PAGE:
As previously stated, Solidity is to blame for some of the issues affecting smart contract security, but the list of challenges does not stop there. This is due to how the VM handles state and external calls.
Let’s take a closer look at the Ethereum smart contract security flaws.
One of the most damaging attack strategies against smart contracts is reentrancy. This attack method can destroy the agreement or steal sensitive information.
Reentrancy can occur when a function calls another contract via an outer call. An attacker can exploit this flaw by executing a recursive callback of the primary process, resulting in a loop that is repeated multiple times.
An error in the smart contract code can lead to the exploitation of an application vulnerability. This kind of abuse is most common in smart contracts. It occurs when decentralized application developers fail to identify code flaws. By taking advantage of simple programming errors, attackers can deplete the contract wallet of all funds.
Malicious behavior includes the distribution of malware to deceive consumers. This is typically done over the Internet to compromise a user’s identity or commit fraud using malware or viruses. Malicious attacks may take the form of a wallet email requesting that the account be synchronized with a recently forked network.
Any website that asks you to link your wallet and send money to an unknown location is another possibility. An attacker may be able to deplete a user’s wallet by using malicious attacks completely.
Inadequacies in the Protocol
To keep the network running, the blockchain includes a consensus protocol. Exploits based on poor consensus have recently become more common, even though attacks based on flaws in consensus protocols can be quite costly.
On the other hand, successful attacks can remove blocks from the chain, completely destroy a blockchain, or seize complete control over the price of a coin. Weak protocols lead to attack strategies such as 51% attack, egocentric mining, and 34% assault.
The Date and Time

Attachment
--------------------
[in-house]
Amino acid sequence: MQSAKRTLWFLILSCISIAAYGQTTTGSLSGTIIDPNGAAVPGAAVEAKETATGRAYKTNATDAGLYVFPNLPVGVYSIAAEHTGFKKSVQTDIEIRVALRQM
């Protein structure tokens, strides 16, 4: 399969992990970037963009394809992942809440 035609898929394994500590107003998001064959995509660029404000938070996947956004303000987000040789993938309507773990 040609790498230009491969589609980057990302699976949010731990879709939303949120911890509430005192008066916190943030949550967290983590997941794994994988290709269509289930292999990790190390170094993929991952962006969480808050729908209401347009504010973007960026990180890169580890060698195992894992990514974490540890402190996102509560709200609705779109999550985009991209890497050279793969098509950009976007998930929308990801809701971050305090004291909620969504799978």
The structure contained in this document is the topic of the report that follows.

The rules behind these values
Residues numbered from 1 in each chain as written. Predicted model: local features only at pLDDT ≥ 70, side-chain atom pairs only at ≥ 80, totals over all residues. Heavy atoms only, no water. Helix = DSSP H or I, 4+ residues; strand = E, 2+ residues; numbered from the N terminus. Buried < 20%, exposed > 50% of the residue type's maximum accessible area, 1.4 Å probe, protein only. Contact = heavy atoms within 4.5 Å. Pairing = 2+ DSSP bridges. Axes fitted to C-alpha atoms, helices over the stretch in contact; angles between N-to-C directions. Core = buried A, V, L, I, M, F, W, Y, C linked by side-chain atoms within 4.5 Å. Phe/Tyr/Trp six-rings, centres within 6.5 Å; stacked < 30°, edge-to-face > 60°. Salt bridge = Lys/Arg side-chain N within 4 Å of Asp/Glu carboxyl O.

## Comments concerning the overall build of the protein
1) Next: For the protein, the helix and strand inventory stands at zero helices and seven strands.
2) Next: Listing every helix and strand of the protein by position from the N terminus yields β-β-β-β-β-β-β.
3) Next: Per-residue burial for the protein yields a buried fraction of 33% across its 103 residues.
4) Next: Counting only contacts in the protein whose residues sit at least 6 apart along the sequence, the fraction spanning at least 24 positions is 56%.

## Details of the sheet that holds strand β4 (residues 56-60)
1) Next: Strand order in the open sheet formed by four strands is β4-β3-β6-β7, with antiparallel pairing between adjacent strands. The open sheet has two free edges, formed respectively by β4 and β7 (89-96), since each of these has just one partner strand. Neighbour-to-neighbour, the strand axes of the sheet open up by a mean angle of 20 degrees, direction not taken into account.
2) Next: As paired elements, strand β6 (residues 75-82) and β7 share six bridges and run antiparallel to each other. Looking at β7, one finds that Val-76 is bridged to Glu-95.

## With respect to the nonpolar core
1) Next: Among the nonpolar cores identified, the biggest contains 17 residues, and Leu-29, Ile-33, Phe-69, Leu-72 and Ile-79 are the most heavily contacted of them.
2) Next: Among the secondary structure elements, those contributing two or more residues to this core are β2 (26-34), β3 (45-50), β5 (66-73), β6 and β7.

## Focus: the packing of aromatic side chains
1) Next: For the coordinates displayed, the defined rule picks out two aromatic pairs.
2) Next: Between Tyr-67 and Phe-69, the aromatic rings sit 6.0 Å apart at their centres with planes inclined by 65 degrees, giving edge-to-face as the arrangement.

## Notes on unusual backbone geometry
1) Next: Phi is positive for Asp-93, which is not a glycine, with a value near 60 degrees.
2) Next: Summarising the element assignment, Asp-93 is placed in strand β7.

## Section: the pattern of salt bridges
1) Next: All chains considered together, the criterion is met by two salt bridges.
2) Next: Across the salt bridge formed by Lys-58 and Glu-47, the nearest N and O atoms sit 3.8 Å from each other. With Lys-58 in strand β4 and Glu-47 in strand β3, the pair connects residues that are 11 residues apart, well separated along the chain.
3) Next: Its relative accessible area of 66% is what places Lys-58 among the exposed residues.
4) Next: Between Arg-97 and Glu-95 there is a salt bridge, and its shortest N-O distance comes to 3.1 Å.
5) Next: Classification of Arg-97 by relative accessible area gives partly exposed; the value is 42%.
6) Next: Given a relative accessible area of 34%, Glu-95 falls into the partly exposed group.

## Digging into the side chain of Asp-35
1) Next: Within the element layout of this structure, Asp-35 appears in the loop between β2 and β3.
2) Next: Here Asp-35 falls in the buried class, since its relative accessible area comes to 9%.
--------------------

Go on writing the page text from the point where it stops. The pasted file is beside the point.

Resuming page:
Another flaw that shady miners can exploit is timestamp dependency. To gain an advantage, a miner can change the timestamp by a few seconds. The problem with timestamp dependencies stems from a misinterpretation of timekeeping. It allows the Ethereum network to be decoupled from the globally synchronized clock.
How to Improve Smart Contract Security
Smart contract security is based on the same coding, testing, and assurance principles as any other program. Here are some tips for making your smart contract more secure.
Security audits and testing
You will not have access to all information while developing your blockchain software. As a result, preliminary testing is critical. It is in your best interests to take advantage of all available testing resources. You should start by testing the contract’s basic functionality and launching a smart contract on a test network. These procedures can significantly improve your chances of discovering critical bugs in your code while they are still fixable.
Auditing the security of your smart contract is yet another necessary step in ensuring its safety. This is because expert auditors are more likely to identify potential flaws in your code and provide helpful suggestions for improving and optimizing it.
Smart Contract Creators
Although the Internet is full of valuable tools for detecting potential flaws in your code, they cannot replace a competent and experienced blockchain development team.
Even if your smart contract appears bug-free and secure, hackers will always be able to exploit potential security flaws. They can corrupt the code of a smart contract or an entire blockchain platform, resulting in the loss of thousands or millions of dollars in cryptocurrency.
Collaboration with a seasoned DeFi Development services provider that has completed numerous projects will assist you in navigating the development process, identifying potential roadblocks, and launching the entire palette of decentralized applications that will establish your reputation.